We heard rumors of layoffs at DreamWorks last week, but they weren't confirmed by a reputable source until yesterday evening when the animator's union, The Animation Guild, posted an item about it on their blog.

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6. Disney and DreamWorks May Have Been Part of Illegal Pixar/Lucasfilm Wage-Fixing Cartel

Tech site Pando Daily has been providing amazing coverage of the Department of Justice antitrust invesigation and subsequent class action lawsuits over wage-fixing amongst Silicon Valley tech companies and animation studios.

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7. 11 New ‘How To Train Your Dragon 2′ Images

DreamWorks has released a stockpile of "How to Train Your Dragon 2" film stills and publicity shots on the film's official website. There's new renders of Hiccup, Astrid, and Stoick, along with the dragons, including a new one, Cloudjumper. The quality of lighting and atmosphere has progressed notably since the first film in 2010. The Dean DeBlois-directed sequel will arrive into U.S. theaters on June 13.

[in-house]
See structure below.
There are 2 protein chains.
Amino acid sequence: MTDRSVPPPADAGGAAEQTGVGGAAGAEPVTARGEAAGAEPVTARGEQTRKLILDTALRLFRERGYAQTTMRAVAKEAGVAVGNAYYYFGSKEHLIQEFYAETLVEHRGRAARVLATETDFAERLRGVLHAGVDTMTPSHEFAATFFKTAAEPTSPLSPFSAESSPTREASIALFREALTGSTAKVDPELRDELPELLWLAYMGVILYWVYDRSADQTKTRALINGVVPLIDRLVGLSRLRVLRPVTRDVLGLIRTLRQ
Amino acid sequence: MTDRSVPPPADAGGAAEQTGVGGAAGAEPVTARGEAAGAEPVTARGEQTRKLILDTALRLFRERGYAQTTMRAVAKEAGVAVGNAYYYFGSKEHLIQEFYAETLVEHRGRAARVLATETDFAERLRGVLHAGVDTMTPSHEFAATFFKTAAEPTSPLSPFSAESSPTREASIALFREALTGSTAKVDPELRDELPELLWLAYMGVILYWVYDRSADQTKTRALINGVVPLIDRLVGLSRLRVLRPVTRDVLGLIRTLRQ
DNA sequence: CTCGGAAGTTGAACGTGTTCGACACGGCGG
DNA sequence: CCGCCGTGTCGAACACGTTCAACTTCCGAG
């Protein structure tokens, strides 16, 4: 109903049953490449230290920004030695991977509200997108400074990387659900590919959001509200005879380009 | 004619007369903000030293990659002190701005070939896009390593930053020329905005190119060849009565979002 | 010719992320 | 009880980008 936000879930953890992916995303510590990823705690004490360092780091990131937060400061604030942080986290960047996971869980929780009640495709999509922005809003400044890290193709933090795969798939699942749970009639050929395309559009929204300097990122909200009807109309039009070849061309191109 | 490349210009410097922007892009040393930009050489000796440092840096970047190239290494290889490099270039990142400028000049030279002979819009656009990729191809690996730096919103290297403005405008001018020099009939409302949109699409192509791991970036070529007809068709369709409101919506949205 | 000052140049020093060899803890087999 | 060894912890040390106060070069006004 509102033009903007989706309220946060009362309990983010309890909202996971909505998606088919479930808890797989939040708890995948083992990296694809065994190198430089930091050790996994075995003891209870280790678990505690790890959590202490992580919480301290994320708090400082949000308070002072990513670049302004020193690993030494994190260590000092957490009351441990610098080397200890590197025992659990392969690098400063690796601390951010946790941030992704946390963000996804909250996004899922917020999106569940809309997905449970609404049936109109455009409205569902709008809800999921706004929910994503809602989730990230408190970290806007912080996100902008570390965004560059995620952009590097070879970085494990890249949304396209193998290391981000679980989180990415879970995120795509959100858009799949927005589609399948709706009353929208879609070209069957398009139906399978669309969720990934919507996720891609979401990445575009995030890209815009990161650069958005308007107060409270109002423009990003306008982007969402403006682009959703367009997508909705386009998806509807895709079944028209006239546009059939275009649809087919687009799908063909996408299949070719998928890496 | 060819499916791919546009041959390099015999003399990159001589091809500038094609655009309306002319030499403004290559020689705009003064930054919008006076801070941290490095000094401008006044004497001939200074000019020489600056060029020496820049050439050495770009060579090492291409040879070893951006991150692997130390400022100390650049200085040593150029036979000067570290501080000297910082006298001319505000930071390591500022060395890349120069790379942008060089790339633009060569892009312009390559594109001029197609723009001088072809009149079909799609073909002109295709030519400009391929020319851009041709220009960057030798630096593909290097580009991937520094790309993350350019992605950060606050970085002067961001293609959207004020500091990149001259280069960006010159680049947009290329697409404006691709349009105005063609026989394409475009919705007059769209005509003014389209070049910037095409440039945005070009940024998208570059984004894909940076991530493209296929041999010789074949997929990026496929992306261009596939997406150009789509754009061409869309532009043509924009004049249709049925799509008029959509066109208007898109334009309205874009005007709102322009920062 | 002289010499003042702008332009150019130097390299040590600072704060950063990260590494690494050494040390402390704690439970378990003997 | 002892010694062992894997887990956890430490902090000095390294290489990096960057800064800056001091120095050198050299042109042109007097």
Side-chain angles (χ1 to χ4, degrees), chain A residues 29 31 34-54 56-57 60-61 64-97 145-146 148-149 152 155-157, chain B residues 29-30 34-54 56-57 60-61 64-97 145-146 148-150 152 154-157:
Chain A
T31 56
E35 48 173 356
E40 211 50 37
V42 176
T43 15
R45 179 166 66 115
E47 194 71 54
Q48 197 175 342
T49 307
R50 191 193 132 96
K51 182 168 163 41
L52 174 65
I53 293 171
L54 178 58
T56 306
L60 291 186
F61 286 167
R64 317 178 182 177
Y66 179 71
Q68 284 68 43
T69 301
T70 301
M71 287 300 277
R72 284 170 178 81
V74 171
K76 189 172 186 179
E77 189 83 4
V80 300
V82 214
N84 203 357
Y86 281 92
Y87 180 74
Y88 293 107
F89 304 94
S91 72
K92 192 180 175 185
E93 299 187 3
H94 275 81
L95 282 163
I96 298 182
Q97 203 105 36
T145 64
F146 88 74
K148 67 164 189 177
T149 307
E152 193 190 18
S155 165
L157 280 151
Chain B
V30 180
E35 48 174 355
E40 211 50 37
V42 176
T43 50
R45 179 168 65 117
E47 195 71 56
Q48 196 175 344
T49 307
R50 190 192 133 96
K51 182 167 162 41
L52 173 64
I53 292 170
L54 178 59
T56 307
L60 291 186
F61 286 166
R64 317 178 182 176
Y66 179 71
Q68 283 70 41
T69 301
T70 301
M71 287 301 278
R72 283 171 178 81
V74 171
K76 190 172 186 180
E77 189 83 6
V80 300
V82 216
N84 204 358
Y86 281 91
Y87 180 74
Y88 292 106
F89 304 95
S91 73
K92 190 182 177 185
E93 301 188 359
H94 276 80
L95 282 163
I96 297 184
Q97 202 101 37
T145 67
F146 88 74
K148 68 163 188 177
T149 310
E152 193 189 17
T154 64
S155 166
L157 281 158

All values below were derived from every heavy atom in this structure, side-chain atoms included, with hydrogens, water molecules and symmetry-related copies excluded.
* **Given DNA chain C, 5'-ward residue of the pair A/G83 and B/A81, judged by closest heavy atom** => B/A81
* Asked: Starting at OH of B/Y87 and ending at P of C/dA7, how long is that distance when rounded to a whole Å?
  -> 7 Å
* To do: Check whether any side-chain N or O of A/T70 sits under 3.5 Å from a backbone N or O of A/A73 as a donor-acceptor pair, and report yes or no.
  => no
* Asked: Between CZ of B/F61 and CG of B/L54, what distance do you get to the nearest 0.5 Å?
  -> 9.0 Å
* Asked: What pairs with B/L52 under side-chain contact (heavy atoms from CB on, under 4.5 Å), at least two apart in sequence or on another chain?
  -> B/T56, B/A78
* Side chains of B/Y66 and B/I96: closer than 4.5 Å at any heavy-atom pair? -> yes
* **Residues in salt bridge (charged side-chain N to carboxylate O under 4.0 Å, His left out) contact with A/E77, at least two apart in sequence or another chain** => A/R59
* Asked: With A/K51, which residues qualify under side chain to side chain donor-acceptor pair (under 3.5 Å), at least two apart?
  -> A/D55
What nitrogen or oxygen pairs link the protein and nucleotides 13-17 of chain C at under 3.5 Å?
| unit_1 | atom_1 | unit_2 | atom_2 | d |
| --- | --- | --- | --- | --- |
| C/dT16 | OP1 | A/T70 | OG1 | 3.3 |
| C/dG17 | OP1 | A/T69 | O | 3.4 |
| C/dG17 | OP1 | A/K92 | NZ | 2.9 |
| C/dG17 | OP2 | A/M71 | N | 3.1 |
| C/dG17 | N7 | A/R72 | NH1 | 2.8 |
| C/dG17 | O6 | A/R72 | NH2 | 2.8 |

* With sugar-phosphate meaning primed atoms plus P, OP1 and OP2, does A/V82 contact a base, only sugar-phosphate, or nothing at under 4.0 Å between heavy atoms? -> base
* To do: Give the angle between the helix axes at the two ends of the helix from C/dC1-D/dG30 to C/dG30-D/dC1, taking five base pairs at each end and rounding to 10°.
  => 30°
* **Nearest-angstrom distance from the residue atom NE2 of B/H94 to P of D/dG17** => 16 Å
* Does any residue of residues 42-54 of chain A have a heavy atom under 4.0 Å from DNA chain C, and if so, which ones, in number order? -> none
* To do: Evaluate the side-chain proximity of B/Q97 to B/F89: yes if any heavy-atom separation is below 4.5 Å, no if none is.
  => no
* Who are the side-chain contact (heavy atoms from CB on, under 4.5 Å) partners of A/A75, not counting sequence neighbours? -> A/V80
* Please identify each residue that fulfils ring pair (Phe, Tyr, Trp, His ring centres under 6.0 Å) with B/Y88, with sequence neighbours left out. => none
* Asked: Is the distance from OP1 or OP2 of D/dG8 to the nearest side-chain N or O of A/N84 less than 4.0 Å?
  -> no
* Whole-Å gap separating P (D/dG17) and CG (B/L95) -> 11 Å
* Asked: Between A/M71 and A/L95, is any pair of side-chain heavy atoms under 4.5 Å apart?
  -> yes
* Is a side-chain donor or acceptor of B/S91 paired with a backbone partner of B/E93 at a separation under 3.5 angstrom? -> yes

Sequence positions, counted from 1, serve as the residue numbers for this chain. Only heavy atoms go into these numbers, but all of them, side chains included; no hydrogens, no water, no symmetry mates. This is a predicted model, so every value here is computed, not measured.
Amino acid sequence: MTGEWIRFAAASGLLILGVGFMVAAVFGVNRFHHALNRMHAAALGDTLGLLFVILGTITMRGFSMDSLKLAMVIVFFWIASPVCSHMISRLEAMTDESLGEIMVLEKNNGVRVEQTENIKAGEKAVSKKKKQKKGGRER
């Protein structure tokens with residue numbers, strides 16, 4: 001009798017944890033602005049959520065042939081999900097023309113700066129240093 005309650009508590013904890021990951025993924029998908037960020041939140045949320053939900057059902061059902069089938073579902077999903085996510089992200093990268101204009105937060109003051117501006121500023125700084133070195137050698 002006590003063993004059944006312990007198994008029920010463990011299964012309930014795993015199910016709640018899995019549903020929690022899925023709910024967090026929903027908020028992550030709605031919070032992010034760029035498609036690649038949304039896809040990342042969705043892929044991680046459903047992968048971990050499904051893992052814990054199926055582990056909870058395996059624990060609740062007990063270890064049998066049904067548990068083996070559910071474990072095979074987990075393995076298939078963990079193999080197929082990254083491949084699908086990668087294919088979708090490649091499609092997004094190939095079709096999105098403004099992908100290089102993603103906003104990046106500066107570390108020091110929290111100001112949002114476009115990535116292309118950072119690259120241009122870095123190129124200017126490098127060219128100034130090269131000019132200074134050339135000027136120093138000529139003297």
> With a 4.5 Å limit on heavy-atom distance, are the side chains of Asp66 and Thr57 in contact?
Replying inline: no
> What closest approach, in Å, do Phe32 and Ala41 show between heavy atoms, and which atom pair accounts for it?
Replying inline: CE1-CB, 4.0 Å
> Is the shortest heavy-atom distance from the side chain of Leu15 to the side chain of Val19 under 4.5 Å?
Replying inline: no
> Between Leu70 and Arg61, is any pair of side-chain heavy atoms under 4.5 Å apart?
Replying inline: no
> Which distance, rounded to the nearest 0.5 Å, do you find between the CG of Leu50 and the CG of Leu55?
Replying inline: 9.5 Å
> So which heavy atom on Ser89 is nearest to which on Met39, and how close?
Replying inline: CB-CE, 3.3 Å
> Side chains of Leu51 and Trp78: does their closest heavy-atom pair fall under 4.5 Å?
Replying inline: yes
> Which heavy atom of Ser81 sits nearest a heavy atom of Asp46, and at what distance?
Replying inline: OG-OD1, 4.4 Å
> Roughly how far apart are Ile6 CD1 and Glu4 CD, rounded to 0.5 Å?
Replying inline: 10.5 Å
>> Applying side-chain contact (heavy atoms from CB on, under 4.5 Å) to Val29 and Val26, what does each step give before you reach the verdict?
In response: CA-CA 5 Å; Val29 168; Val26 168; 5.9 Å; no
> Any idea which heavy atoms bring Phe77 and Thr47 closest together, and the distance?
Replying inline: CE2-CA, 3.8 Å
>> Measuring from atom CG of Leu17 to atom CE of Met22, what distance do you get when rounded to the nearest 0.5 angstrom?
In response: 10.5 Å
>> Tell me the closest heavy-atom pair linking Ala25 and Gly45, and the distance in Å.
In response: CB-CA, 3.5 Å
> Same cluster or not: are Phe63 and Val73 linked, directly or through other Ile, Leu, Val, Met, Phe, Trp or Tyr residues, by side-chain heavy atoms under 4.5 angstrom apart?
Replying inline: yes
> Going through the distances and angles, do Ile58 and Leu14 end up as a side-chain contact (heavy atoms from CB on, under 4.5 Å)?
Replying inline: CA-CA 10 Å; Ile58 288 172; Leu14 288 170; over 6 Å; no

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8. DreamWorks Is Developing ‘Hot Stuff’

DreamWorks is developing "Hot Stuff," a feature film starring the diaper-wearing demon-baby Hot Stuff the Little Devil, who originally appeared in Harvey Comics.

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9. A